Things here are going really well. Crazy busy, but really good. The unit here at An Orphan’s Wish is amazing, the kids are so well loved, the nanny to baby ratio is about 2 to 1. The eye contact and smiles on the kids’ faces are evidence of all the love and attention they receive.
The first floor is dedicated to children with lifelong disabilities, cerebral palsy mostly. The children have free rein in the afternoon and as we sat out in the courtyard in the late afternoon sun, it seemed as if I was sitting out, enjoying an afternoon anywhere in the US. The kids were riding bikes and trikes or going up and down ramps in their specialized wheelchairs. There was singing, laughing, even some little ones jumping on a trampoline. And while not close to what life in a family would be like, amazingly wonderful compared to what a typical day must be like for a child in a typical orphanage.
Half of the second floor is dedicated to the smaller kiddos. There are some heart babies, some with anal atresia, brain injury, hernias, brittle bone disease, respiratory illness, and some who have special needs that are just, for now, unknown. An Orphan’s Wish takes the children that are too sick or too difficult for the orphanage, so many children here have mulitple special needs, or needs that are so unusual, a diagnosis is difficult to reach.
The other half of the second floor is the future clubfoot casting unit. They have been successfully casting and treating children with clubfoot for several years, but have had difficulty getting proper foster care for the children undergoing casting. Evidently there is a cultural bias against children who are clearly ‘disabled’ and many foster parents either don’t want to foster a child undergoing treatment, or don’t follow the proper bracing protocol to keep the feet corrected. So a unit within An Orphan’s Wish, housing initially 10 babies, is going to open at the beginning of June. Children will come from orphanages all over China to be treated, and will return to carefully chosen foster families once the casting has been complete. A typical stay will be about 6 months to give the children time to become acclimated to the unit, treated and then accustomed to wearing the necessary bracewear. What a blessing this will be in so many orphan’s lives, because of witessing the transformation in Jude and Shepherd’s feet, this is a need that is so close to our hearts… I can’t wait to sponsor one of the little ones that comes in for treatment 🙂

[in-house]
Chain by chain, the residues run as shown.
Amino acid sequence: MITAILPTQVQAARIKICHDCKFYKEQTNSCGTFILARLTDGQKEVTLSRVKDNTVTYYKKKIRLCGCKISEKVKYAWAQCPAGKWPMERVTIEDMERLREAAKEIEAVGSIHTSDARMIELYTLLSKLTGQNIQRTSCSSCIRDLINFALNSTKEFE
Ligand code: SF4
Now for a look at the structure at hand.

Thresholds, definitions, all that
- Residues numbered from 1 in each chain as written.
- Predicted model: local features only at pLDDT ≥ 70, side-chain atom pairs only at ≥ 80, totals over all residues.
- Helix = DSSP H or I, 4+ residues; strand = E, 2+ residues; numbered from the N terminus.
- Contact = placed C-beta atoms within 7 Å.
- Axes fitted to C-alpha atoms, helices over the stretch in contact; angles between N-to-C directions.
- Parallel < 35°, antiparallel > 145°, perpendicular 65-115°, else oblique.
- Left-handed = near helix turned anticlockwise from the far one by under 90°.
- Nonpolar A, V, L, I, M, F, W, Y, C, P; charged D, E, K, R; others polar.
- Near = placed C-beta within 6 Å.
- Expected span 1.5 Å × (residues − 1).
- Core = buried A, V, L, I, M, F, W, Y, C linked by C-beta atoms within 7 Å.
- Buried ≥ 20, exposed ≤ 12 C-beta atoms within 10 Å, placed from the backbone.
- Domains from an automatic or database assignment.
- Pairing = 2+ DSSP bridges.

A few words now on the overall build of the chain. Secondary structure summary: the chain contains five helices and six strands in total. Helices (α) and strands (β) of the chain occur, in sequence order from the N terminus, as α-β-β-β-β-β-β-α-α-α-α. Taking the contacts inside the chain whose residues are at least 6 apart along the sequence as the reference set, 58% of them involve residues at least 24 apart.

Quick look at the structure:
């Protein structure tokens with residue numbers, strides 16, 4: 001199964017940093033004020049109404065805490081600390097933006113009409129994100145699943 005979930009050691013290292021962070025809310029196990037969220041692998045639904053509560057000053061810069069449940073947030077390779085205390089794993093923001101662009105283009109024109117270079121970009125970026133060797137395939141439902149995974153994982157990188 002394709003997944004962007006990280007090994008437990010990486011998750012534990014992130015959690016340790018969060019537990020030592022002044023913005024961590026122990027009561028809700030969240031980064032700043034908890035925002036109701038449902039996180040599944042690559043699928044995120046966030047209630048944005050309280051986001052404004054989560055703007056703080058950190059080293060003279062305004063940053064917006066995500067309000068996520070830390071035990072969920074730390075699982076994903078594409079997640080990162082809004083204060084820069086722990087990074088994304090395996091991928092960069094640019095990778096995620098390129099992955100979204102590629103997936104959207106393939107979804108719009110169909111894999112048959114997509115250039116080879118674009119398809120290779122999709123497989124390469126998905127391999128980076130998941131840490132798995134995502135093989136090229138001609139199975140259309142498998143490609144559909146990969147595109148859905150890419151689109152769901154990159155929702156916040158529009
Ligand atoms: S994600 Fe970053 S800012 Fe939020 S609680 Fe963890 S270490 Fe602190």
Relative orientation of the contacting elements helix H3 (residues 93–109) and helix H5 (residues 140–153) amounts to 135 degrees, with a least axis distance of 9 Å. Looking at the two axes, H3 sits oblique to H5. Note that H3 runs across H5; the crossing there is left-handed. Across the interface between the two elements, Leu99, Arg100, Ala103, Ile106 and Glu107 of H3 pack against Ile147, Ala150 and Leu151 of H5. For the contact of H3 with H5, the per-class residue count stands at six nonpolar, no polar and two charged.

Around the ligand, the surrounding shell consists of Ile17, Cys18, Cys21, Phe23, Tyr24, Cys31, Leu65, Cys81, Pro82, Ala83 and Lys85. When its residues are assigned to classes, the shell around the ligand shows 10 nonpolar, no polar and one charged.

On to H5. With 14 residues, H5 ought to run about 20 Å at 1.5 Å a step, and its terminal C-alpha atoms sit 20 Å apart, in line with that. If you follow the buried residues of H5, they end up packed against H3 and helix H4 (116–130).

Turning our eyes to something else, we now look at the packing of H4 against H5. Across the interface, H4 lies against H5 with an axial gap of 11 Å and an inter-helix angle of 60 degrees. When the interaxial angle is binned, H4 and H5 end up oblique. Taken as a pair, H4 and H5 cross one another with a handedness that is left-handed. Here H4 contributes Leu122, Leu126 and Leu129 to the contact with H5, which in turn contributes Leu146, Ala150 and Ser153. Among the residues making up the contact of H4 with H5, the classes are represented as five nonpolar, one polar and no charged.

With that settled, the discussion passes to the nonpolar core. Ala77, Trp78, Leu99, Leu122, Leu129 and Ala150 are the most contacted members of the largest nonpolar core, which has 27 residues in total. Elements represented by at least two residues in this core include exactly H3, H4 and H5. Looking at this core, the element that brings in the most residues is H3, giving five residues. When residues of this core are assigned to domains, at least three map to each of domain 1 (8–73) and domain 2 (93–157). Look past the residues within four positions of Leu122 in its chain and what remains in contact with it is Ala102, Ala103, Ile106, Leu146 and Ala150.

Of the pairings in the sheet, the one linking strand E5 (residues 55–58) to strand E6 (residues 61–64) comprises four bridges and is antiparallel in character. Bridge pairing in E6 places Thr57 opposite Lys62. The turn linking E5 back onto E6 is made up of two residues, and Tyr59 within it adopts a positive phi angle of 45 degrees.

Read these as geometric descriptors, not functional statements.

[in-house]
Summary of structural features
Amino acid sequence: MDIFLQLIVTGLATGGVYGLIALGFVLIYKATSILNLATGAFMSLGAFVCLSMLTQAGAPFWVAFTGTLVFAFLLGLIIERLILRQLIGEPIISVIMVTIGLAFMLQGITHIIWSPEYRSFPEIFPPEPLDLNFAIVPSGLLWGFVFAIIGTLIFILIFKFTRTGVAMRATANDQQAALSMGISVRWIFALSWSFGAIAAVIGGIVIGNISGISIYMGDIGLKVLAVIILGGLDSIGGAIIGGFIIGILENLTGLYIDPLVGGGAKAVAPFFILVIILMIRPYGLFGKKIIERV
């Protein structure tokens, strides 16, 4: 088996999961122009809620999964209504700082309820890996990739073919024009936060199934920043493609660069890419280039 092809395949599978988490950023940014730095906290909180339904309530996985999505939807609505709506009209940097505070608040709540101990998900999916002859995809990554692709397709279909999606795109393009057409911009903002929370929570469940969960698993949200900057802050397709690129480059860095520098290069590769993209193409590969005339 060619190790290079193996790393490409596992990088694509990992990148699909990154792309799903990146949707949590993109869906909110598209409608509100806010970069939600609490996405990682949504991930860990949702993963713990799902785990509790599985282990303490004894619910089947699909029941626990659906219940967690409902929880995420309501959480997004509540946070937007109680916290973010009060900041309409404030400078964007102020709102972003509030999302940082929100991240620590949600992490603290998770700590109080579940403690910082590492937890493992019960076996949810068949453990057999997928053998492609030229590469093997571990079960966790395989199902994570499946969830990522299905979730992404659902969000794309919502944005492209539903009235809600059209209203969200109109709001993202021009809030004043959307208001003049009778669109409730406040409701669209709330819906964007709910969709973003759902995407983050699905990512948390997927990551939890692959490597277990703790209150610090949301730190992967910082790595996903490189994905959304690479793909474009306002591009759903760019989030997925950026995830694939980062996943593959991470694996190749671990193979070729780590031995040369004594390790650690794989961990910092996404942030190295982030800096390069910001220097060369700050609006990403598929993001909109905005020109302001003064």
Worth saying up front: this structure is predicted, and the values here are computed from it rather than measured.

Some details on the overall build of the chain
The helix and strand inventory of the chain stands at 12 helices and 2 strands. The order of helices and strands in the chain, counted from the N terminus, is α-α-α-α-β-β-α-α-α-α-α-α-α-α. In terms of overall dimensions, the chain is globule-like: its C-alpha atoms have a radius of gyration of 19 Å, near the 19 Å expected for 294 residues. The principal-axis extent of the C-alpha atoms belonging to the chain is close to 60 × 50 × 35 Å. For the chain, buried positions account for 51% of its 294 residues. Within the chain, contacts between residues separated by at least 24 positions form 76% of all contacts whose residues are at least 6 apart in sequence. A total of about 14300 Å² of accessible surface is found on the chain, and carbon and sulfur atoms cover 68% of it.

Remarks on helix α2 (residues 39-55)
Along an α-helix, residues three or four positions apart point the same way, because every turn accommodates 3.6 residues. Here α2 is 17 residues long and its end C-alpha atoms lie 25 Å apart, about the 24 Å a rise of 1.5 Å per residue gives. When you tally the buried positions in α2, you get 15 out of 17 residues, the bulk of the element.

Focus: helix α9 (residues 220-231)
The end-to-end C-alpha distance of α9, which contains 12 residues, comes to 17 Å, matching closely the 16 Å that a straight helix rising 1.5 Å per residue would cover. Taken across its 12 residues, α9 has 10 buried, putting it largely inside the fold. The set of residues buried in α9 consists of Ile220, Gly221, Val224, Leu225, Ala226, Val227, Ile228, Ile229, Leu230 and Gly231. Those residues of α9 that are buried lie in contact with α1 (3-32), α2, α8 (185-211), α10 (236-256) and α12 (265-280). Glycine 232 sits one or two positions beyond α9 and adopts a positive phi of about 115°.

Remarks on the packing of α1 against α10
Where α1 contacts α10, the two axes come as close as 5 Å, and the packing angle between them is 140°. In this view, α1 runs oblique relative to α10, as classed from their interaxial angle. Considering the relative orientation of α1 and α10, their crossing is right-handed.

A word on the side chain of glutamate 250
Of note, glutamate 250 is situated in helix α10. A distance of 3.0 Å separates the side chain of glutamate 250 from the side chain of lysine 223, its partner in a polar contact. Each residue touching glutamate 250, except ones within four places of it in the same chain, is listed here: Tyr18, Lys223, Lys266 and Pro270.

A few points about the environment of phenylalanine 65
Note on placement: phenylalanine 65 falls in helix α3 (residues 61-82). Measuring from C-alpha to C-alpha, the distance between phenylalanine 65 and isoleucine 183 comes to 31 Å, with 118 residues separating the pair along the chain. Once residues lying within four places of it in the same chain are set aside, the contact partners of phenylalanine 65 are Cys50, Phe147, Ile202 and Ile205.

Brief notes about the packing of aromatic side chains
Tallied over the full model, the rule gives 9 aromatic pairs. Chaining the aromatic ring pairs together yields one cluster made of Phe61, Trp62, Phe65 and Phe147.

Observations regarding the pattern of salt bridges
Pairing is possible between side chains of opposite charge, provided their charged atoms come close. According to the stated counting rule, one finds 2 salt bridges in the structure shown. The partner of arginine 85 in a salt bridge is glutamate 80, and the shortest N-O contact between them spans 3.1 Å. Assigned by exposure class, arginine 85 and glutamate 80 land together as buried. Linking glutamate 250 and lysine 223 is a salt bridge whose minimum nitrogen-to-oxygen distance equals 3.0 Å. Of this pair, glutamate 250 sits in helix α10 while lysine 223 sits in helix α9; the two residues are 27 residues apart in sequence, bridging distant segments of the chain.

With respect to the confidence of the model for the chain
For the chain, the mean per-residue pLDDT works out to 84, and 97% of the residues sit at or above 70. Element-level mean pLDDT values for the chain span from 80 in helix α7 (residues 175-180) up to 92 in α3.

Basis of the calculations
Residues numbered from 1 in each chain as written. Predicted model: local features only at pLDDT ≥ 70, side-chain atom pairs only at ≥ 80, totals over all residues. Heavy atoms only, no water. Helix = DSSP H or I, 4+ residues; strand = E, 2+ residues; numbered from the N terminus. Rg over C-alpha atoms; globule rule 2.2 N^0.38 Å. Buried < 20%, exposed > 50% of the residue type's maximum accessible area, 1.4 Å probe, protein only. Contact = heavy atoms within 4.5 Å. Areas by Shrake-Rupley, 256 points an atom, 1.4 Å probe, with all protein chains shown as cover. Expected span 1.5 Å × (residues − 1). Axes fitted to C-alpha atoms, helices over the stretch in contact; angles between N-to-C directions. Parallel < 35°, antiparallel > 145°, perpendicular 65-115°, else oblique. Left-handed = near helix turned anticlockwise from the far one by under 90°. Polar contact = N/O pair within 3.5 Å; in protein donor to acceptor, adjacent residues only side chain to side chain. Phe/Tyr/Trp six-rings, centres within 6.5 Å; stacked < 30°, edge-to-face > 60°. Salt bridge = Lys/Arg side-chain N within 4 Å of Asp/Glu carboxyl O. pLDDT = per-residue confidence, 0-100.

Yesteday a new child was brought into the unit. She is probably about 6 months old and came in with the sunniest, sweetest dispostion, despite a raging yeast infection that encrusted the chubby creases on her sweet legs. Her special need is uncertain, possibly a tumor on her back, or spina bifida. Clearly, someone had a go at her back, evidenced by a huge scar. There is significant swelling under the scarred area, but until they are able to test further, a diagnosis is not possible. She also has clubfoot and excessive mongolian spots. But what a face. What a smile. I was chosen to help bathe her, weigh and measure her, and then dress and feed her her first bottle. It was amazing. I was even asked to choose a name for her, as all the kids in the unit have a Chinese name and an American name. Her name is Olivia. And you can bet she has a special place in my heart.
I haven’t been able to get pictures so far. Although our trip here was cleared with the local officials, for some reason our visit is causing a lot of anxiety with the orphanage. Because An Orphan’s Wish depends upon a working relationship with the orphanage, we cannot do anything to jeopordize that. So, in an effort to avoid upsetting anyone, pictures have been, for now, not allowed. I’m hopeful that things will be a bit more settled today and I can pull out my camera and capture just a glimpse of the sweetness that abounds at this place.